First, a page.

The MA in Gothic Studies, the only one of its kind in England and Wales, offers students the opportunity to explore how notions of perversion, desire, criminality and monstrosity are represented in a range of texts, dating from the 18th century to the present day. This entails consideration of the work of writers as diverse as Ann Radcliffe, Edgar Allan Poe, Bram Stoker, Anne Rice and Sarah Waters.
The course also includes examinations of non-literary examples of the Gothic, such as press reports during the ‘Jack the Ripper’ murders or the court transcripts of Oscar Wilde’s trials. The course will also investigate other aspects of the influence of gothic, from science to contemporary film.
You will study a compulsory module, Researching Literature, which provides you with postgraduate-level research skills and you can choose other modules from the following:
* The Gothic Sublime: Studies in Modernity
* Murderers and Degenerates: Discourses of Urban Perversity at the Fin-de-siècle
* Transformations of the Gothic: Victorian Genre Fiction
* Science and the Gothic: 1800-2000
* Gothic Histories: Women’s Gothic Historical Fictions
How To Study
The emphasis throughout is on student-centred learning. You will be taught in small seminar groups and will be expected to continue your study independently of organised class times. Each module will be examined by continuous assessment and will involve writing essays or completing projects. Most modules involve submitting a single piece for assessment at the conclusion of each module.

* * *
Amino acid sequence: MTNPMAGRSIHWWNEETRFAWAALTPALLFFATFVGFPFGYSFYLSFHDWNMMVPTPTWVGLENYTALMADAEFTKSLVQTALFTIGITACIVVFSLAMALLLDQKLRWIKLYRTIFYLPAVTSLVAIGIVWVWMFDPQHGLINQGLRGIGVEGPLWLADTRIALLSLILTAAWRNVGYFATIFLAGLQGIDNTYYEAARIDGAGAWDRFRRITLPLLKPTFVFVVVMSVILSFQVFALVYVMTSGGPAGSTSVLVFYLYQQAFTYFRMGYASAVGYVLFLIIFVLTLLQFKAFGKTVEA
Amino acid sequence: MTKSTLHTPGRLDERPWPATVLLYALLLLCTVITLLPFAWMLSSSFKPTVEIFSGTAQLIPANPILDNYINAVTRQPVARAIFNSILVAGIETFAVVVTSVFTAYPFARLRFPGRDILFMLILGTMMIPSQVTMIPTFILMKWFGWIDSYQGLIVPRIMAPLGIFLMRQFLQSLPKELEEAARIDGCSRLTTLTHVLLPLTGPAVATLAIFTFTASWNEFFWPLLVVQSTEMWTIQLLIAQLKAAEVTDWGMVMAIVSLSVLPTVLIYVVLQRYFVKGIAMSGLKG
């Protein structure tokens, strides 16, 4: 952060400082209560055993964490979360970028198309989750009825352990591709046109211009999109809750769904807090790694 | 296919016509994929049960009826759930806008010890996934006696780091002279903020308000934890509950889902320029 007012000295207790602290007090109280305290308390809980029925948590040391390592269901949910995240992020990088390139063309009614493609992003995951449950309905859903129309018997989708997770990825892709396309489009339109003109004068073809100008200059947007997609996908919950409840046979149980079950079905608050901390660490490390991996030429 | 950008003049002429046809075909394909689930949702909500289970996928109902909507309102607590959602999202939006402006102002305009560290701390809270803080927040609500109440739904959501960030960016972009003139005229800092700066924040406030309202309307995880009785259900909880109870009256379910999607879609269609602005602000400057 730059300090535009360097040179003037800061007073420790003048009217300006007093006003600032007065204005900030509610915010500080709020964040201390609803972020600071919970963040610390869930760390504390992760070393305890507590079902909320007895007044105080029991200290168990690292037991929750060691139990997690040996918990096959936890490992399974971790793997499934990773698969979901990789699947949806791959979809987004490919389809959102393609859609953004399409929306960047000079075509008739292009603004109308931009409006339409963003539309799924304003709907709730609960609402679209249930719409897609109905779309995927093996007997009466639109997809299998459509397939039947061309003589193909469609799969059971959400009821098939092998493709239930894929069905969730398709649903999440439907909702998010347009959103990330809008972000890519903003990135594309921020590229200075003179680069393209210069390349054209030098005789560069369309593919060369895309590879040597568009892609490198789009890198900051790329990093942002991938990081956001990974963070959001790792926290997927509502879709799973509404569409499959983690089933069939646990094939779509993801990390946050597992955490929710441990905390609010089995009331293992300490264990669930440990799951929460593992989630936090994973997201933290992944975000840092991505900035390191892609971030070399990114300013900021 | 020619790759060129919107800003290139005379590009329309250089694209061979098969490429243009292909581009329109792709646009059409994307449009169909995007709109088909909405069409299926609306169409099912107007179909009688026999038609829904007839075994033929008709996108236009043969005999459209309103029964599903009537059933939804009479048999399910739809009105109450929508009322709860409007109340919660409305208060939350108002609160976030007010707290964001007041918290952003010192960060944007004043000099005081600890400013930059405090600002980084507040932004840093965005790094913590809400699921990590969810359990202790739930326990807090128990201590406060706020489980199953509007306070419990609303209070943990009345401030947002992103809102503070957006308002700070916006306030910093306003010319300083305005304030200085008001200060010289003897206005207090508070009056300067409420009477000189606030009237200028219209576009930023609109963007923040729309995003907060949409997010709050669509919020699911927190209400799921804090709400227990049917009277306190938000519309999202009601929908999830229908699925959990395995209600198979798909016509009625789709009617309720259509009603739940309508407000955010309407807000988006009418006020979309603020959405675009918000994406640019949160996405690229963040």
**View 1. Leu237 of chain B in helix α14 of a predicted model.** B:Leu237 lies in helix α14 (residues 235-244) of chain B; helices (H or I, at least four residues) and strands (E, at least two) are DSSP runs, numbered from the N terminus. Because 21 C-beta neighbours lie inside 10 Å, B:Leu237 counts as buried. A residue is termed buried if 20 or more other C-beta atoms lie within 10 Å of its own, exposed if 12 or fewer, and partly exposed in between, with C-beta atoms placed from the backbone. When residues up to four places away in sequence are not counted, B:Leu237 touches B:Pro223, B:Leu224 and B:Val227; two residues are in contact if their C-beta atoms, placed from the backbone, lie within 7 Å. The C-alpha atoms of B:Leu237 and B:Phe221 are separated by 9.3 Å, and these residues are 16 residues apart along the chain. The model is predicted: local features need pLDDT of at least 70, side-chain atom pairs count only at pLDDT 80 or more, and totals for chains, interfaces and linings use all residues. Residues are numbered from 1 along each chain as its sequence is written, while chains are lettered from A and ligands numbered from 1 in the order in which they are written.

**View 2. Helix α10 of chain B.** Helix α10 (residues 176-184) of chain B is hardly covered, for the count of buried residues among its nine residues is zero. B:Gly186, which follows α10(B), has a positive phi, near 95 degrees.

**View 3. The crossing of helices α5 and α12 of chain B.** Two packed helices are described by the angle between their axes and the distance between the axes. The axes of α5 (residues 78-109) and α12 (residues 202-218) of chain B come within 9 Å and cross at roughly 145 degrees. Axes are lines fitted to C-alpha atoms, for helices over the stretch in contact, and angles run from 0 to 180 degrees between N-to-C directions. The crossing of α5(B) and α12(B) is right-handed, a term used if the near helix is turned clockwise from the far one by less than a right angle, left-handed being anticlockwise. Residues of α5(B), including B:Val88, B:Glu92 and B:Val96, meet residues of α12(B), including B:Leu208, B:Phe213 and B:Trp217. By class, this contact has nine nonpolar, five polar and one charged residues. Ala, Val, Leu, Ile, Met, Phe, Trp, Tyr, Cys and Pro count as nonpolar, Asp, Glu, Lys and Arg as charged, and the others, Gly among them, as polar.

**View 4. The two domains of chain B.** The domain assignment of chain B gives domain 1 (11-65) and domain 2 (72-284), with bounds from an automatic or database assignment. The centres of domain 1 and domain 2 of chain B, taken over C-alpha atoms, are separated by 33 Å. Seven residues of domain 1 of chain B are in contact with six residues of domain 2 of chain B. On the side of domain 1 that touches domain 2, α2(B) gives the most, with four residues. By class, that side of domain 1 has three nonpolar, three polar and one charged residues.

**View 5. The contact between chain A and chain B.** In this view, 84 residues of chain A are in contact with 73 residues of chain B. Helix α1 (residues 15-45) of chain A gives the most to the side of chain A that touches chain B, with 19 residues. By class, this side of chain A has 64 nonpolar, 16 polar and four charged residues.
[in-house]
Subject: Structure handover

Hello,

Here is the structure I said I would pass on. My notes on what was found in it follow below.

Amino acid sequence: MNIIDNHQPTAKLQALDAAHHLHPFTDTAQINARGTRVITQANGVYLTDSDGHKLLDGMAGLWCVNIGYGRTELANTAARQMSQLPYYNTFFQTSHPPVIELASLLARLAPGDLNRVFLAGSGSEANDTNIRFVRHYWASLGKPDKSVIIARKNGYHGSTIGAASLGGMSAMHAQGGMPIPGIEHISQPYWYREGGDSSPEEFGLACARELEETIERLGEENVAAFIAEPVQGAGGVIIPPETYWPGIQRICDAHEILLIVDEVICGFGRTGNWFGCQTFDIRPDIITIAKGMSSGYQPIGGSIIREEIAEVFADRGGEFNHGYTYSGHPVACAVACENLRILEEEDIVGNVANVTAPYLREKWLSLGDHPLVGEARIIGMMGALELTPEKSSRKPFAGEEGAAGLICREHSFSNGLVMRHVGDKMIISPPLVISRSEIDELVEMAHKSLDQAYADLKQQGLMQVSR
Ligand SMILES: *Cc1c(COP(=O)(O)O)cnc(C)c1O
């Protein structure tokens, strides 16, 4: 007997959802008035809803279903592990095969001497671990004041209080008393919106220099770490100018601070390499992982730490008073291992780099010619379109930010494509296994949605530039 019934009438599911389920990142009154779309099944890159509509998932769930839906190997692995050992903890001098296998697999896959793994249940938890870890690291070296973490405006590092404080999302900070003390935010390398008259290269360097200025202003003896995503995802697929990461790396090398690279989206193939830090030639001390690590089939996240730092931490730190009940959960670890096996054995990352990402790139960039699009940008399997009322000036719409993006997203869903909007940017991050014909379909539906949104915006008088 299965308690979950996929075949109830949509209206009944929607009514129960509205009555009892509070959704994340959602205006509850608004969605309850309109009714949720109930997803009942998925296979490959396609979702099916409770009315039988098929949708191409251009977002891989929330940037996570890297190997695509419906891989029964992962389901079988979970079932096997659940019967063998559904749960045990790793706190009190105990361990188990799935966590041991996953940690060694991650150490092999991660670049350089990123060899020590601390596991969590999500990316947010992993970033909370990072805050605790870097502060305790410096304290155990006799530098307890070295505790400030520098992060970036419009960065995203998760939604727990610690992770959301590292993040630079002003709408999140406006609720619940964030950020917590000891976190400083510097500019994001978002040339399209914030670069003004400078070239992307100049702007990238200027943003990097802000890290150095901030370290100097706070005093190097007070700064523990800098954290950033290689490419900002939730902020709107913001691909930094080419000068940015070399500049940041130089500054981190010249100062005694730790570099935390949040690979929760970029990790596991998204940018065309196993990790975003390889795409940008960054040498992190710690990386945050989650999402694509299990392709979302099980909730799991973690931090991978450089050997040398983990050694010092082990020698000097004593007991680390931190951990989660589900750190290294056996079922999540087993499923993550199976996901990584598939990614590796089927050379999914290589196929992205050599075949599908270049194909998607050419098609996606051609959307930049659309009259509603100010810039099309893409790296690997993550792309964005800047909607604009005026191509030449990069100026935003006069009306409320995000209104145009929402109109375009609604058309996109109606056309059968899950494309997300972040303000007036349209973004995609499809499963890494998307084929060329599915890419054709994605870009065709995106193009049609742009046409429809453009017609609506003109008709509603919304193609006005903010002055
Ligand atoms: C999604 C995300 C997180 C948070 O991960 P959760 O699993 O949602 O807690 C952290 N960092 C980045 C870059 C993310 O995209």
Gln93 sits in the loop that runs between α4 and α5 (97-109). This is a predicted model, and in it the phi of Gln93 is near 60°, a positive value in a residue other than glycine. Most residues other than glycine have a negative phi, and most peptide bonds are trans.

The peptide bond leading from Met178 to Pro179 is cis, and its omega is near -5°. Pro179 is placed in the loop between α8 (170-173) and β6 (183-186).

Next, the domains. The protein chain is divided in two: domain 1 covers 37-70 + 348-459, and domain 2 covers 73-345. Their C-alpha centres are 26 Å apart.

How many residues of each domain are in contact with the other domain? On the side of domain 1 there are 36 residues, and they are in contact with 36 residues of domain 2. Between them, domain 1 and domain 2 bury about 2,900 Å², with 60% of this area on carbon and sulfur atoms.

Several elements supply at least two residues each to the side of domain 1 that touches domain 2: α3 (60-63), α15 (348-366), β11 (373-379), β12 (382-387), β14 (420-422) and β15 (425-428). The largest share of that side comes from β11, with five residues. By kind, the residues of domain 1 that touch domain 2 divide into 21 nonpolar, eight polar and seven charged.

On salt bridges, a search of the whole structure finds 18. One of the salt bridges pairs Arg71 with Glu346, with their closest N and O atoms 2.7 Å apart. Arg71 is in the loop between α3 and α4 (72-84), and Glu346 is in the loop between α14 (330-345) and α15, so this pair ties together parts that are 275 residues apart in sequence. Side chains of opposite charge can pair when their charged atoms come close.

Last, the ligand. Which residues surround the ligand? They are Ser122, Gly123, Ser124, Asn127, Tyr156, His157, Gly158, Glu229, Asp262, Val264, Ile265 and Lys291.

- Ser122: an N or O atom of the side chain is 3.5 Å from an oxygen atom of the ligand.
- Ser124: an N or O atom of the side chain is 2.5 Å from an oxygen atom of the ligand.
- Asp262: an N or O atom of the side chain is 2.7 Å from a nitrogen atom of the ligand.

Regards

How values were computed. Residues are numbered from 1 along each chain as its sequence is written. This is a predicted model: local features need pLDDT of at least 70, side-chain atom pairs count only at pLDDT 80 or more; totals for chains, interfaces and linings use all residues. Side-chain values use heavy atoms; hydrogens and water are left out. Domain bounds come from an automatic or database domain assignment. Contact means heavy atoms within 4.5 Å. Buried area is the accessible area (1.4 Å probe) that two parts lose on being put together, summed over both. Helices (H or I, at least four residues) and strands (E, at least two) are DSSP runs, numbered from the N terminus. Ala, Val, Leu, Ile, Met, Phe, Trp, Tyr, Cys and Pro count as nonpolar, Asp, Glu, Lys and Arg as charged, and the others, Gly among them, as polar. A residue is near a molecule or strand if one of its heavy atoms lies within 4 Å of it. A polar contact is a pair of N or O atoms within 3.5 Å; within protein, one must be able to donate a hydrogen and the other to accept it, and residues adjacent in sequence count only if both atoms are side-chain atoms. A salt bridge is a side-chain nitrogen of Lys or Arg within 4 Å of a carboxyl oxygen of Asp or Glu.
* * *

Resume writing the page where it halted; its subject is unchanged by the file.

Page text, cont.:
This award will provide an excellent basis for further research in Gothic Studies at MPhil and PhD level. Courses on Gothic Literature are routinely taught in Adult Education departments, and this award would provide an excellent route into teaching in this area. An MA in Gothic Studies equips students with a wide range of skills and attributes in demand from most professional employers. Common career paths from an English-based postgraduate course such as this include a range of research posts, media and journalism, teaching, marketing and advertising.
Mphil graduate Emma Darwin’s novel The Mathematics of Love (Headline Review) was shortlisted for the Goss First Novel Award this year.
Another Mphil graduate, Kathryn Daszkiewicz has just published her first collection of poems, In The Dangerous Cloakroom with Shoestring Press.
Glamorgan graduate Rachel Trezise has just won the first ever EDS Dylan Thomas Award for her short story collection Fresh Apples (Parthian). This award of £60,000 to a writer under 30 is thought to be the richest book prize in the world. The prize was awarded in a ceremony at the Brangwyn Hall, Swansea on 27 October. 28 year old Rachel graduated from Glamorgan with a BA in Media Studies with English in 2000. The chair of judges for the award was screenwriter Andrew Davies, who coincidentally will be visiting the university to speak to creative writing students next May.